Answers I found
Statistics can be removed/stale, if DMLs occured on the object will be greater than num_rows of the recent stats gathered for that object.
To check the DMLs happended on the a object after it was last analyzed , we can refer to [DBA|ALL|USER_TAB_MODIFICATIONS].
There is no table/ROW locking mechanism when statistics has been gathered , but yes database performance will hamper because
gathering statistics can be a resource consuming operation depending upon the volume of the object.
Request all, please let me know if I am wrong ........
I'm not sure exactly what you are saying, but it seems wrong. You can lock statistics either with procedures or using the dbconsole - the latter may be easier and more obvious, the former is better for learning and understanding. Managing Optimizer Statistics: Advanced Topics
In general, it often is just a workaround for avoiding some real problem. You should find out about the various means of plan stability in various versions. It is a big enough topic to have books written about it.
I've found a common scenario is "My report is slow," dba checks and sees plan suddenly changed, reverts statistics to when old plan was obtained, then moves on. What they really need to do is find out what the query should be doing, since it might apply to more than the report, and implement solutions accordingly.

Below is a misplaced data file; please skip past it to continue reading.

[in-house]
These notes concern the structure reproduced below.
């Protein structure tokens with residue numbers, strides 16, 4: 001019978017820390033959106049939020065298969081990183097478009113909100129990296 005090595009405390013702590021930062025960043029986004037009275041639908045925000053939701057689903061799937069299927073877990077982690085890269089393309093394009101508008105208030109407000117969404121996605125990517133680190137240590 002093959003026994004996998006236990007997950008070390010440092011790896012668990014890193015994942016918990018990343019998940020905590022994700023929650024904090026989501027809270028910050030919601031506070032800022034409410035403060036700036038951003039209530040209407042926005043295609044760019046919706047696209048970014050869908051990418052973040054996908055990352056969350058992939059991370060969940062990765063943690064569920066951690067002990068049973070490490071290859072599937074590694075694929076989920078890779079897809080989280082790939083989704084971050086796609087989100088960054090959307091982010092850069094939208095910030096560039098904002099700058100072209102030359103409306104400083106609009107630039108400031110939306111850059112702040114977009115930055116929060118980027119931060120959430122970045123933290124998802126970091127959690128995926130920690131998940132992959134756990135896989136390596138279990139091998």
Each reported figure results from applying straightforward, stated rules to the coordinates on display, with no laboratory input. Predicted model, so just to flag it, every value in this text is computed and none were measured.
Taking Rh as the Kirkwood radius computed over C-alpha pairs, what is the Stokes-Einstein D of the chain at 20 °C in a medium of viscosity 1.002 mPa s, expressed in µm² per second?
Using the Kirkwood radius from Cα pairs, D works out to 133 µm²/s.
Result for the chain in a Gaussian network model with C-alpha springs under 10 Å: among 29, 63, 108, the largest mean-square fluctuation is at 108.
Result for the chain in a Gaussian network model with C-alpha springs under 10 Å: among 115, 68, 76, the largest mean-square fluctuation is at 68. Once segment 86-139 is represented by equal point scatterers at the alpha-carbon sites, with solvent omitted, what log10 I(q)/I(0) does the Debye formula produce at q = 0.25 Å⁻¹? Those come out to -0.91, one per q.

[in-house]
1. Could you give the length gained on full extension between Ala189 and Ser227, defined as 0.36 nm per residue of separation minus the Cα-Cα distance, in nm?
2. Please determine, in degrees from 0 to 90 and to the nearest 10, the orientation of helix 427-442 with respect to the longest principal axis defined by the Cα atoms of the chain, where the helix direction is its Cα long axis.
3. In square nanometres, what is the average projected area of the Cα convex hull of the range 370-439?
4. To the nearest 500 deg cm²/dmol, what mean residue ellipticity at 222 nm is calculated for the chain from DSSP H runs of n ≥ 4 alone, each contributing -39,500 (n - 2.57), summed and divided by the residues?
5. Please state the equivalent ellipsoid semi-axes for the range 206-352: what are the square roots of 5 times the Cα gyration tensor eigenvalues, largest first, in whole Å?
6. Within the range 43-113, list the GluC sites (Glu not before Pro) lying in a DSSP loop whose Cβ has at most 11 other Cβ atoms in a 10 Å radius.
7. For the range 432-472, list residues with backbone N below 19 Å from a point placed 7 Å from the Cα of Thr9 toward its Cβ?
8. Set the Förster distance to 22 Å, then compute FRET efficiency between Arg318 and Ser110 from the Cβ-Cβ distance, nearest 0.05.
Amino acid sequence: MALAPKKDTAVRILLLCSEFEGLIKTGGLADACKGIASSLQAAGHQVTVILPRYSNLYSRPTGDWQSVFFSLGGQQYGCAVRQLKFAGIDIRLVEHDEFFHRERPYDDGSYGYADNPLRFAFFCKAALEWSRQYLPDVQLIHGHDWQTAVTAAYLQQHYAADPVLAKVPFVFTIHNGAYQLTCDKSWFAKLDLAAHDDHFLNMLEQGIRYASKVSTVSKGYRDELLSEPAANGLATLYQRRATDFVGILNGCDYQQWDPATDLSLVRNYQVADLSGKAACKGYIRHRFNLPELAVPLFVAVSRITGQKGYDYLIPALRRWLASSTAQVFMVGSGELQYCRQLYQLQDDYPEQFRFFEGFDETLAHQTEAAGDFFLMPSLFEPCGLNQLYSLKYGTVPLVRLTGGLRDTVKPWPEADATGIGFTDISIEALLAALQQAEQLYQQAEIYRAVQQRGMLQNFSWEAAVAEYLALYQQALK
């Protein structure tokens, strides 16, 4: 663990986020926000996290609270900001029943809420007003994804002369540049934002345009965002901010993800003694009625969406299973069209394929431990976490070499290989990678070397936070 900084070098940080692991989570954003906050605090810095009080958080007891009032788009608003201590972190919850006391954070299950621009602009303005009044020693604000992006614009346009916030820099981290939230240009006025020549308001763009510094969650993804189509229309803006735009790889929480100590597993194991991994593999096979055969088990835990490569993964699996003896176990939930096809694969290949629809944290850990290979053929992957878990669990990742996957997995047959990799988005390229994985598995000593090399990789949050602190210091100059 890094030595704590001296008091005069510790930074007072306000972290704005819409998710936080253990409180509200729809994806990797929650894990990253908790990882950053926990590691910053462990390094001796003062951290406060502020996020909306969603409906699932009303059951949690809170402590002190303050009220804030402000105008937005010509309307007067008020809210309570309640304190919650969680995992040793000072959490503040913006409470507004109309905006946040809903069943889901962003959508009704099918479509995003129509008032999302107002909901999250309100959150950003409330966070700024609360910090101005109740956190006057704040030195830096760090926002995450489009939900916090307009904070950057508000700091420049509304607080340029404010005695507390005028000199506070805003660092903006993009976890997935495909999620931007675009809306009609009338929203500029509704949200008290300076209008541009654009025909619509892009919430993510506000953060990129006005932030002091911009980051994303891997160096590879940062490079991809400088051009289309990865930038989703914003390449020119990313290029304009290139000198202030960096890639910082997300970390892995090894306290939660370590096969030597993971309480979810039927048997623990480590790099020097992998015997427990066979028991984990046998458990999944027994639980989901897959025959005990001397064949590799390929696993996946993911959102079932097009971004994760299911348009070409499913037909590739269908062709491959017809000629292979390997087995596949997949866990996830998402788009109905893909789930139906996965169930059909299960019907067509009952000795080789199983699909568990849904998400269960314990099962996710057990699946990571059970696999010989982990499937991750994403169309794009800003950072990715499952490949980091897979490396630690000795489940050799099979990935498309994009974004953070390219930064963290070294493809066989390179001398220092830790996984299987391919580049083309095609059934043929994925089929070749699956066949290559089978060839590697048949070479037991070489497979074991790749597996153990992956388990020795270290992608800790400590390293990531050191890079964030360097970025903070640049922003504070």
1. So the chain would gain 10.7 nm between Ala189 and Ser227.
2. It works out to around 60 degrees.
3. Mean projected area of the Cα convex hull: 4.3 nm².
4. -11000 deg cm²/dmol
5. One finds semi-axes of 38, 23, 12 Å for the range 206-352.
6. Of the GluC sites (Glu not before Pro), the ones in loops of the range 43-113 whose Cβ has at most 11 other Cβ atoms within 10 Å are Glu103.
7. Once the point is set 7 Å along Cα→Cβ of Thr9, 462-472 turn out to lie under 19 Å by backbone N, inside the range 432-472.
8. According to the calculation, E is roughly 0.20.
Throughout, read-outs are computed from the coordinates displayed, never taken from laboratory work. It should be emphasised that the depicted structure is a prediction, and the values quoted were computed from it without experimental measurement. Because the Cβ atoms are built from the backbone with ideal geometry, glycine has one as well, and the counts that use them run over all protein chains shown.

user9085814, the benefit of locking statistics is that you stop the nightly statistics gathering process from re-gathering statistics on the locked tables. You would normally lock the statistics only for tables where the normal processing produces bad plans compared to the saved statistics so you need to take control of the statistics collection for a specific table.
With 11g+ you probably do not need to lock statistics since Oracle provides a means to use table specific statistics gathering parameters. This feature was unavailable prior to 11g so if you needed to change the sample size or number of histograms for a specific table you needed to save the code and run it when necessary. See the new with 11g dba_tab_stat_prefs view.
HTH -- Mark D Powell --
Locking statistics is useful in managing the performance of SQLs based on volatile tables. Volatile tables change their content (number of records and/or distribution) rapidly, so it could be difficult to keep in sync the stats with the actual data in the table.
In this situation, the stats are locked when the table is at “its biggest”.
Since in most cases the underlying data changes over time, locking stats (regardless of the reason why they were locked) is a temporary solution. Over time, the stats (slowly) stop to properly represent the data in the table, which may lead to performance issues.